Caufield took a shot from near the faceoff circle, which was blocked, but the puck came back to him. He quickly flipped the puck to Mike Hoffman, who made no mistake, finding the back of the net for the first time in 13 games, and giving the Habs a 2-1 lead.
That period indeed showed a different team, as the Habs outshot the Blackhawks 17-6 and held a massive 9-1 edge in high-danger chances.
Third Goal Wins?
The Blackhawks apparently had their own talking-to during the second intermission as they had much more jump to the game as the third period started with the Habs back on their heels. The pressure resulted in an early penalty, as Petry was called for tripping Brandon Hagel in the defensive zone at 2:10.
The Blackhawks won the faceoff and maintained control for eleven seconds, which is all it took for Erik Gustafsson to get the puck to Patrick Kane to the right of Montembeault’s goal. Kane snapped a low shot which found Montembeault’s five-hole as the young goalie was trying to protect against a pass to Toews, who was positioned in front of the net. A tie game again, then.
Joel Armia was called for a check to the head five minutes later, giving the Blackhawks another opportunity to work their power play magic, and they went to work again, but this time without a result. Alex DeBrincat hit the left post, shot another one just wide, and then had Montembeault save his third chance with a raised right arm.
Kane hit another post with 7:06 remaining.
The Habs didn’t give up but with just over three minutes remaining, Laurent Dauphin was called for high-sticking Kane. The camera showed the Chicago forward forcefully rubbing his chin after the event, but he could not produce any blood for the referees, leaving the penalty at a single minor.
The penalty killers kept the Chicago power play well to the outside and it was only in the final seconds of the power play that the Blachawks threatened, with Montembeault having to turn away a flurry of shots from Reichel and Kubalik.
The Habs were outshot 11-8 in the third period, with the only high-danger chance being recorded by the Blackhawks.
And Then It’s All Over
The Habs took control immediately at the start of the overtime period, and maintained it effectively, losing possession a few times but regaining it again. However, they struggled actually creating scoring opportunities. Jonathan Drouin had a chance from the hash marks but shot wide, and Fleury made a sliding save on Suzuki’s wrister from the side of the net.
And then it fell apart.
Gustafsson won the battle for the loose puck after Suzuki’s shot, and fed it to Kane on the left-side boards. Kane made a cross-ice pass to Kurashev, who was then in all alone as Petry missed both the pass and the man. Hoffman skated back hard and caught up to Kurashev, crashing into the Chicago forward as both slid into the net, the puck following them as they dislodged the net.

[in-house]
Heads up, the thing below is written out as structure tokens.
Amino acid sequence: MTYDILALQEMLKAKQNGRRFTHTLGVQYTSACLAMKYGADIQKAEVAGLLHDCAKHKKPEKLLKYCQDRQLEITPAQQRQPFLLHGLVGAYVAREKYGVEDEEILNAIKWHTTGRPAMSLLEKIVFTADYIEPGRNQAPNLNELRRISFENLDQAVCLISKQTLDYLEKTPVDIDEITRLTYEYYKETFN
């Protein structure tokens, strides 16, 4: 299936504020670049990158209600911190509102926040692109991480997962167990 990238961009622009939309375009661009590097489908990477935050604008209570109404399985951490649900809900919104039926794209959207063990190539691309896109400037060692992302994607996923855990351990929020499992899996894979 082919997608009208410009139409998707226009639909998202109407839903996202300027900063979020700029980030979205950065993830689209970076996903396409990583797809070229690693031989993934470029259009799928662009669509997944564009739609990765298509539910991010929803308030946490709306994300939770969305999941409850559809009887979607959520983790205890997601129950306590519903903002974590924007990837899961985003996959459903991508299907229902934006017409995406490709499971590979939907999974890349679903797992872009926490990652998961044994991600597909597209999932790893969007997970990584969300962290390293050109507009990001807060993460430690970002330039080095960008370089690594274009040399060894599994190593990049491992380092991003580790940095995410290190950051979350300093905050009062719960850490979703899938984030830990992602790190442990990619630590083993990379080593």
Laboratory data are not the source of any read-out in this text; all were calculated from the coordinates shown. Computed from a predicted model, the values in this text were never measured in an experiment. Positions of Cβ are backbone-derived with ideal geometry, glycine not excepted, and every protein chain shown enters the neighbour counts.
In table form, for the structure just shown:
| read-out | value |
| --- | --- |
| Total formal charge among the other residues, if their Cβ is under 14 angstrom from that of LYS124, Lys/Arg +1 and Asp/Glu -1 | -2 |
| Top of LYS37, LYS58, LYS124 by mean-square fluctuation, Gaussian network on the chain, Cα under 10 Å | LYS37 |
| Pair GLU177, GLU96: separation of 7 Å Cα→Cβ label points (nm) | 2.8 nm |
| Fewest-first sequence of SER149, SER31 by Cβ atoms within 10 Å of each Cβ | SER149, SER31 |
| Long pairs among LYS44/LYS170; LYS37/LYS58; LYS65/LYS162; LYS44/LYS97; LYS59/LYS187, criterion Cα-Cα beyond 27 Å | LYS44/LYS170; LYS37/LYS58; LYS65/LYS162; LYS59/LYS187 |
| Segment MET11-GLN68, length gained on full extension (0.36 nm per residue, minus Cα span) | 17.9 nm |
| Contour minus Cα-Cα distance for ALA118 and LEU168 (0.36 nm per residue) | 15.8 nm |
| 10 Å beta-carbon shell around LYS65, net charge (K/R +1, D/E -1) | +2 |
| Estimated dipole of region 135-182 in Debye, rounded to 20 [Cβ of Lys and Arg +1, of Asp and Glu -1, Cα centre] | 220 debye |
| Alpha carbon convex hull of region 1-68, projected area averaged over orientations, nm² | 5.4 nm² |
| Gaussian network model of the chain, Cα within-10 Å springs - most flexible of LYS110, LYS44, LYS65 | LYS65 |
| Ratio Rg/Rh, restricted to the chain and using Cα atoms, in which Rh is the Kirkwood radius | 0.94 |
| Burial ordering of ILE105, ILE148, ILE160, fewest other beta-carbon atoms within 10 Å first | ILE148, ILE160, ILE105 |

The referee already had his arm up for a penalty on the play, or possibly a penalty shot, but the video replay confirmed that the puck crossed the goal line between the posts, so Kurashev was confirmed to have scored the game-winner.
The command centre then initiated a review to see if Kurashev was offside but the original call was upheld. Was Kurashev in control of the puck when he crossed the line? It’s arguable, but in the end it was yet another loss.
The Habs move to 7-24-5, now on 19 points but still in last place, slightly behind Arizona — and in the first place in the Shane Wright sweepstakes.
HW Habs Three Stars
First Star: Alexander Romanov (0g, 1a, 5 shots, 19:22 TOI) played one of his best games of the year. Not only the assist, but he made an outstanding defensive play to save a goal, and his body check on Lafferty drew a Chicago penalty that resulted in the second Habs goal.
Second Star: Samuel Montembeault (31 shots, 28 saves, .903 save percentage) stood tall to keep the Habs in the game in the face of repeated attacks by the Blackhawks’ elite forwards, and deserves no blame for the losing goal in overtime.
Third Star: Jake Evans (0g, 0a, 3 shots, 15:00 TOI) was a force on the ice, creating dangerous scoring opportunities even if he wasn’t able to finish them this time.
Honourable Mention: Jeff Petry (1g, 0a, 3 shots, 22:42 TOI) broke his season-long goal-scoring drought, but he had some other less-than-stellar moments, including the missed defensive play in overtime.